Getting Noticed

untitledThat’s not the flutter of angel wings you hear when someone opens the door of the temporary Marion County Courthouse on Lafayette Street. Papers pinned to bulletin boards along the center hall can cause a stir when the wind comes at them from the right quarter.

Most of the waving sheets provide routine information about routine subjects like water quality. One group of notices, however, could cause someone to lose a farm or maybe a lake lot.

A “Citation by Posting” is one way a taxing entity can notify a missing person, in most cases an heir, that their property could be seized for payment of back taxes. “A warrant is filed when a property is perceived to be abandoned,” Karen Jones, Marion County Tax Collector, explained.

“It can be a lake lot no one has paid taxes on for years, making it abandoned property.” The only entities that can file tax warrants are the city and the county. School districts can not file a tax warrant. “We make a diligent effort to notify everyone,” Jones said.

Notices are sent to the last known address. Attempts to serve papers are made. When all else fails, a piece of paper is thumb-tacked to a courthouse bulletin board. Some might wonder if that is enough. “What you see on the bulletin board is before the judgement,” Jones said.

Although civil suits by private individuals require publication in the local newspaper in such cases, county and city get to slide. “There is no requirement of publication for a tax warrant,” Jones said. “There is a requirement to post it prior to filing a warrant.”

Before the property goes under the sheriff ’s hammer, there is published notice. “It ends up in paper is right before the sale,” Jones said. The cost of two printed notices also bothered Jones. “If we have to publish prior to getting a judgement and then publish after, the cost would be astronomical,” Jones said.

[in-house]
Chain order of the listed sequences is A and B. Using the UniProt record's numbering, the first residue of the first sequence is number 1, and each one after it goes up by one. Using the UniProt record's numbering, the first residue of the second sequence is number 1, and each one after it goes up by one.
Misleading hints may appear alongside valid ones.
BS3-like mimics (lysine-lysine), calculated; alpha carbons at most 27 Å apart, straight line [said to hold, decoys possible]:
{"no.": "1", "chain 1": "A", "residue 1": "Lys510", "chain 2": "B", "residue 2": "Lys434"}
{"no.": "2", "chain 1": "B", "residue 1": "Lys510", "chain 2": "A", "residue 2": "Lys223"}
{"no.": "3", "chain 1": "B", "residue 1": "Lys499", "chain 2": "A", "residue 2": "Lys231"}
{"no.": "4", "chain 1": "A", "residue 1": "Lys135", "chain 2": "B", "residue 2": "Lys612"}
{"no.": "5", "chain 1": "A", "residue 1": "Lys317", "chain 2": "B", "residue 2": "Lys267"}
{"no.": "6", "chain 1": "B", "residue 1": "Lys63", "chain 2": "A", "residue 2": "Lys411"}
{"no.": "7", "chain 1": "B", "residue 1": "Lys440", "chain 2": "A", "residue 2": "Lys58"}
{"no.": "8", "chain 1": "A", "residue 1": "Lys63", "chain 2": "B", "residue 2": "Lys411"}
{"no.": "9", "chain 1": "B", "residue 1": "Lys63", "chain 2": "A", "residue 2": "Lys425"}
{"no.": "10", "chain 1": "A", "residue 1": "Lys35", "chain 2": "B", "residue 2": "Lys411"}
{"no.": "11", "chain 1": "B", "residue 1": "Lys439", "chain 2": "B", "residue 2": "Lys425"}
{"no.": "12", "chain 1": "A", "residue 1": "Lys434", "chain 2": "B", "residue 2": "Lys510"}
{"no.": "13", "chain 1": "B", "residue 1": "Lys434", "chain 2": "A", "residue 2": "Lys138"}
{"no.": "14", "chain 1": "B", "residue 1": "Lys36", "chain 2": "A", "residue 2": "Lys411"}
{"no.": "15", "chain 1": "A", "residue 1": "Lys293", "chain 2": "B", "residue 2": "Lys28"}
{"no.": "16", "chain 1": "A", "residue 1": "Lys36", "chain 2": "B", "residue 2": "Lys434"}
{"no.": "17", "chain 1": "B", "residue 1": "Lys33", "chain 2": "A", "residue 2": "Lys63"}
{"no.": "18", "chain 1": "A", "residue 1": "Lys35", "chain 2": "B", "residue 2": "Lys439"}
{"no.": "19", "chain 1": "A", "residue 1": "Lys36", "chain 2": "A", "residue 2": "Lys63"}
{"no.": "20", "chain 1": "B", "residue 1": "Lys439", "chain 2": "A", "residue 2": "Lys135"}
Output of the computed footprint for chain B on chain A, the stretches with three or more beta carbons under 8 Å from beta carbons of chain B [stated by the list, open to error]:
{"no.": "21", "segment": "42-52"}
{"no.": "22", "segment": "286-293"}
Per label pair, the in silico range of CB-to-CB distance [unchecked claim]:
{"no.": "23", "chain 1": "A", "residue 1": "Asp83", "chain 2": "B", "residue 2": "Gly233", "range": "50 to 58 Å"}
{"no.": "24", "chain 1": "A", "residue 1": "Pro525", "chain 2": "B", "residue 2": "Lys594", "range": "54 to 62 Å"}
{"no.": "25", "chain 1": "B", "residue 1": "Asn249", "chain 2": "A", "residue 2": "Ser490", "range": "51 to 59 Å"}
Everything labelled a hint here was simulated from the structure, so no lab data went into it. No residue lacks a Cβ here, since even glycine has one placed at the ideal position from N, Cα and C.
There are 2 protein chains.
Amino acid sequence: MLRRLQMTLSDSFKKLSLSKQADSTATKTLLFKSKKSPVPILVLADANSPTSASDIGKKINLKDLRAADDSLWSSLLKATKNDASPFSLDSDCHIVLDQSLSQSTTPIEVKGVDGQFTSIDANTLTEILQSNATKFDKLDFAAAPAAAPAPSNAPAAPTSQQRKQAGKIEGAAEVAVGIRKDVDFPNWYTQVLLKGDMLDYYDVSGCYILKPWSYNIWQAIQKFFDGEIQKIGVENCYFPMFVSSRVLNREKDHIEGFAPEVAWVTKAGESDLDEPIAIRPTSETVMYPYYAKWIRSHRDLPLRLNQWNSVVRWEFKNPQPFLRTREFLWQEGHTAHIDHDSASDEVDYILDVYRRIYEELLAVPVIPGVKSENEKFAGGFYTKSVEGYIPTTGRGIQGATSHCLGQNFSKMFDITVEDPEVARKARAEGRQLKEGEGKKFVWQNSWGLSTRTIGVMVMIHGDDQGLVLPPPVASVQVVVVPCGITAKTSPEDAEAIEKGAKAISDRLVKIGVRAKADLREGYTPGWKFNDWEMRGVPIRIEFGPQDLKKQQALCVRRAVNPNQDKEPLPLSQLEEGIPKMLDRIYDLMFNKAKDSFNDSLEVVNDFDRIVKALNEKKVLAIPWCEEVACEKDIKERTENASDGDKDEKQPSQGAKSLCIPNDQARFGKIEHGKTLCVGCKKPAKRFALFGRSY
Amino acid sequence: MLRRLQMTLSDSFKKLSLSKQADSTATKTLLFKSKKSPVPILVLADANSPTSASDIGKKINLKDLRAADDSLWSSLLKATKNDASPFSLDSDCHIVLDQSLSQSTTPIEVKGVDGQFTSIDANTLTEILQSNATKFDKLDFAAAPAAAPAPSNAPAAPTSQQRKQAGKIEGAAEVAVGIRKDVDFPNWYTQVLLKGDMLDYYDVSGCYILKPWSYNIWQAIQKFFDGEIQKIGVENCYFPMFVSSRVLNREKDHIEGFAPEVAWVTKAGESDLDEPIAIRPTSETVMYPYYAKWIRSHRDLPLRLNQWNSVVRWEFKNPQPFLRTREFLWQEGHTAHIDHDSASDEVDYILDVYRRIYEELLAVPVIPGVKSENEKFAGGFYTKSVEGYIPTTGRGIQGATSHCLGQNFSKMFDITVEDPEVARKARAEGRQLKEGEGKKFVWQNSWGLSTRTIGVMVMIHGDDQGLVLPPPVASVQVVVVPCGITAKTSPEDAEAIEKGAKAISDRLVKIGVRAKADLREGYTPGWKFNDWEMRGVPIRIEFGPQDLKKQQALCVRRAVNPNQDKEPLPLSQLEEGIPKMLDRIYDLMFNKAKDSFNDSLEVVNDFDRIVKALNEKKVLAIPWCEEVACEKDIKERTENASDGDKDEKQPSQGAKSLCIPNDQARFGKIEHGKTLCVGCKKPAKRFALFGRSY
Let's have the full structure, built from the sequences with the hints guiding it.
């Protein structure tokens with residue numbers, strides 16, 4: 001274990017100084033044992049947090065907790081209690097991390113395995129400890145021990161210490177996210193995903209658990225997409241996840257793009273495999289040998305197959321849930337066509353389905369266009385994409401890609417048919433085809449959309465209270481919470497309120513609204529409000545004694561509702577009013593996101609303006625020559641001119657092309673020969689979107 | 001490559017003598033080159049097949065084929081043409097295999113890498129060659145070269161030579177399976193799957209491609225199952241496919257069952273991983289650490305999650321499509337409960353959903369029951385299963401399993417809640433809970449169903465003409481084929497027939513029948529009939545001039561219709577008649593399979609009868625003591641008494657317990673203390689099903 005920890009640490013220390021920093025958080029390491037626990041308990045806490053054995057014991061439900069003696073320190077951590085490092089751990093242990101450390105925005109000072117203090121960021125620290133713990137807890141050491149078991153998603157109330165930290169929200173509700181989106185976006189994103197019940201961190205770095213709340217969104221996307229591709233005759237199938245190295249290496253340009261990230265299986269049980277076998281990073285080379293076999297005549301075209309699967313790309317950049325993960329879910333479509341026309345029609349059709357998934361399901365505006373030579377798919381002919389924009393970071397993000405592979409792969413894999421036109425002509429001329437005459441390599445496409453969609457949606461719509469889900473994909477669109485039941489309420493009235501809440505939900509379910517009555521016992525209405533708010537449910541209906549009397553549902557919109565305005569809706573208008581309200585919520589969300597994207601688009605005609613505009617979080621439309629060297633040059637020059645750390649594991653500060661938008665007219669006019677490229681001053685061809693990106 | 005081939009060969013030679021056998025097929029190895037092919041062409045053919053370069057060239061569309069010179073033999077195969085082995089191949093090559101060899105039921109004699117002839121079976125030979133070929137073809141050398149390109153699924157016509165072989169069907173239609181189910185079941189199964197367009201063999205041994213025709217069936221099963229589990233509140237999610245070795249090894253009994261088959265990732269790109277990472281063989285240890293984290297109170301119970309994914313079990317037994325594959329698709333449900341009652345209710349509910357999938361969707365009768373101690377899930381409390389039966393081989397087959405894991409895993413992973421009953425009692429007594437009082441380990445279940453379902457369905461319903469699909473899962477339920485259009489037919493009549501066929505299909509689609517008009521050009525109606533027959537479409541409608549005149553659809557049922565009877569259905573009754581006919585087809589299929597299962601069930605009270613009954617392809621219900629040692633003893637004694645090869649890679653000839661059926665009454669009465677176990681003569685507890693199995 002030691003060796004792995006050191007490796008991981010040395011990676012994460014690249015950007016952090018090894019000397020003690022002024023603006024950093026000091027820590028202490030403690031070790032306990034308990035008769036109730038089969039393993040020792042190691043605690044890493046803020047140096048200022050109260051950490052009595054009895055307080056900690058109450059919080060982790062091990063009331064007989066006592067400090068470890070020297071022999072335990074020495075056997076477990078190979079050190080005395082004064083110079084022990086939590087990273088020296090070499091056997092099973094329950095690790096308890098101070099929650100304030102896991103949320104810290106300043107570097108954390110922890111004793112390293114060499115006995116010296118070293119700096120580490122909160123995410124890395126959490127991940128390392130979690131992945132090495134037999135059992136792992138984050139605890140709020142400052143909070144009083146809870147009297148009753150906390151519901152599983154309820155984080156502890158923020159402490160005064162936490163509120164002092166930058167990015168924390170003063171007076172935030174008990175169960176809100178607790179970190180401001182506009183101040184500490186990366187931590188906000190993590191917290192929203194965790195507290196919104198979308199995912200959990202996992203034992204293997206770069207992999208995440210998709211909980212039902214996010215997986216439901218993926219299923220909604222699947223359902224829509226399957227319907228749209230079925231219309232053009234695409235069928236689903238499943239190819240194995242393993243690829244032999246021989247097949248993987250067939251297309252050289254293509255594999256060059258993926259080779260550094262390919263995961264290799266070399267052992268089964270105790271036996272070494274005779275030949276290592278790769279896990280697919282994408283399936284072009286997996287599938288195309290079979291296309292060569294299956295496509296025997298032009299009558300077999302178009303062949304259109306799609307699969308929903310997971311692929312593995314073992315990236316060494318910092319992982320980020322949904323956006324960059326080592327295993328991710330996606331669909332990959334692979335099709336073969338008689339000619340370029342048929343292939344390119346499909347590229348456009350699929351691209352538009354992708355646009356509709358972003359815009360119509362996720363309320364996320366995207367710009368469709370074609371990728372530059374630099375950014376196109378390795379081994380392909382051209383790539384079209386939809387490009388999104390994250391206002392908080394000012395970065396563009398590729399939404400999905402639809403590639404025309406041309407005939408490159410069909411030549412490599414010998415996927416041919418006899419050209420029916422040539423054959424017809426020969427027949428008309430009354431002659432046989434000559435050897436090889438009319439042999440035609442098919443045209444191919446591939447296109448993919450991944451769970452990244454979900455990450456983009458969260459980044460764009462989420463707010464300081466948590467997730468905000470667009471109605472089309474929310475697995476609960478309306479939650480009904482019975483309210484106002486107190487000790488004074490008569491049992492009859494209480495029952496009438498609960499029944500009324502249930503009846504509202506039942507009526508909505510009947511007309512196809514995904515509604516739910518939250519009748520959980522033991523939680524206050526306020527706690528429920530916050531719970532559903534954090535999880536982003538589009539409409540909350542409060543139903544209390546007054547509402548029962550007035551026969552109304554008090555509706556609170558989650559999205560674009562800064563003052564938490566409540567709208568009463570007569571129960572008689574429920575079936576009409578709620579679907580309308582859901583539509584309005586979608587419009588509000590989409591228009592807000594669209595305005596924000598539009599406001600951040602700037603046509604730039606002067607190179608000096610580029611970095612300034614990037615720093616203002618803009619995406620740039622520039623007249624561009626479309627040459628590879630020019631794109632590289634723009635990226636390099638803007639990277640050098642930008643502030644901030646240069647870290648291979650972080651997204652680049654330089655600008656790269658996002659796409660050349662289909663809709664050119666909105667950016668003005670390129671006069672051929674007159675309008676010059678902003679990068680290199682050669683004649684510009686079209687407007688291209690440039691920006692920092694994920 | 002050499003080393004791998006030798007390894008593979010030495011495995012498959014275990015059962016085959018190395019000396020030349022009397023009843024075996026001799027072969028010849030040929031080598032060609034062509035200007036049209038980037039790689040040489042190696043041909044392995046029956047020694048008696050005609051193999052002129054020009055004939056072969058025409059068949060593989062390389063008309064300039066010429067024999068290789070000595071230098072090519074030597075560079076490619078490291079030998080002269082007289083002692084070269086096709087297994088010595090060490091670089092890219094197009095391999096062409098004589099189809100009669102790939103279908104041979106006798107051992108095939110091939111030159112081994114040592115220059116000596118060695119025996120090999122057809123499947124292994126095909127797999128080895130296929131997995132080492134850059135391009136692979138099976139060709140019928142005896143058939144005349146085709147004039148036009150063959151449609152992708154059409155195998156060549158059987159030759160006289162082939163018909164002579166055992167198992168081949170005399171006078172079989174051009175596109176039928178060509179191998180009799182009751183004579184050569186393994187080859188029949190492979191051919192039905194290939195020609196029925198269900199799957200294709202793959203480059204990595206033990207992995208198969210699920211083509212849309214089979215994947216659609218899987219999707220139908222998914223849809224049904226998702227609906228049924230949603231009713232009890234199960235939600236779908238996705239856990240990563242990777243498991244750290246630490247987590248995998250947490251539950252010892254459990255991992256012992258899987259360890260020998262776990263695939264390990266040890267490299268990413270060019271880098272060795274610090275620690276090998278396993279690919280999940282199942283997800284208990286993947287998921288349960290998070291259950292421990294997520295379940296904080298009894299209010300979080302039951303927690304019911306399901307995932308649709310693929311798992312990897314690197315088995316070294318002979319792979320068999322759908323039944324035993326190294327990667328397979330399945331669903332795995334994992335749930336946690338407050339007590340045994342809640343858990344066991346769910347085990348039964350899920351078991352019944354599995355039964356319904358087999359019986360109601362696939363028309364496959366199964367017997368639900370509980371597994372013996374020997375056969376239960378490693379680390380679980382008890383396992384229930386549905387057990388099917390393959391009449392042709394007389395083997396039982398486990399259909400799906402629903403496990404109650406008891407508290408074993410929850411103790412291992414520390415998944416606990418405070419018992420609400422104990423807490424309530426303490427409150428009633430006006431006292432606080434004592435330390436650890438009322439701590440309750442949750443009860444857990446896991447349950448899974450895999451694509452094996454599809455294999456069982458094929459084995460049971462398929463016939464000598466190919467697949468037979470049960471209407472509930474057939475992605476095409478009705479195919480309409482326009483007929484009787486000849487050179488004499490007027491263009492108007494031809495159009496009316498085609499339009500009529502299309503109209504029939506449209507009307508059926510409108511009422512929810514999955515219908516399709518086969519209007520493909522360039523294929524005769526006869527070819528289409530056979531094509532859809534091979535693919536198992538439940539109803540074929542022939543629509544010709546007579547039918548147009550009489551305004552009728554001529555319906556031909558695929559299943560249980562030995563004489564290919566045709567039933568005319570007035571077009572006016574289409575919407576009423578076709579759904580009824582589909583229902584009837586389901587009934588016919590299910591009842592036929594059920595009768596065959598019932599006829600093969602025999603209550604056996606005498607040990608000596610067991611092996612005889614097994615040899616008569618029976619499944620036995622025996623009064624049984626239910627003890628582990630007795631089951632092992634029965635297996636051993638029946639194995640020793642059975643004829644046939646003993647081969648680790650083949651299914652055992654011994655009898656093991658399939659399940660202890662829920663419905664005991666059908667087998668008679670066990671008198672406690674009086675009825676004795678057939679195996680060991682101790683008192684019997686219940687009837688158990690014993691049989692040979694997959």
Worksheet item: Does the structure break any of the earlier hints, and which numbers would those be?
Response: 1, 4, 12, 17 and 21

I reminded Jones that a recent tax sale cost the county about $3,000 in advertising, but they collected more than $100,000 from the auction. A bill pending in the legislature would end even this slim notice. SB 891 by Sen. Joan Huffman, R-Houston would demolish the historic system of using newspapers as a last resort for notice to missing people about civil legal actions against them.

The bill calls for establishing a statewide online repository for these notices.Some attorneys worry that vague language in the bill could be interpreted to include all public notice, including notices on governmental matters.

We hope not, but we can’t take these concerns for granted. Here are some of the legal actions the bill is aimed at: probate matters requiring personal service of papers, tax lien notice of sale, guardianship proceedings, community property proceedings when one spouse has disappeared and child custody suits by a parent or guardian.

“That may be detrimental to the person being served,” Jones said of SB 891. “As a public service, it would be detrimental to my constituents.” Attorneys for the county advise Jones the main losers from SB 891 will be newspapers, but you can argue the county and citizens will lose, as well.

Posting a notice on a courthouse bulletin board is thin enough notice as it is. Of course, I think there should be printed notice so the maximum number of potential heirs can be reached. But, I also understand about the additional cost to the county and city.

Perhaps an abbreviated notice without all the metes and bounds would satisfy all parties. Putting these notices on some Austin-based web site would let only internet trolls find out about a farm for sale in Marion County.

While this may make sense in Houston, it’s looney tunes in Jefferson. In the end, Jones understands the situation. “You have to do what the law requires you to do,” Jones said. You might want to tell State Sen. Bryan Hughes to keep that law tethered to East Texas reality.

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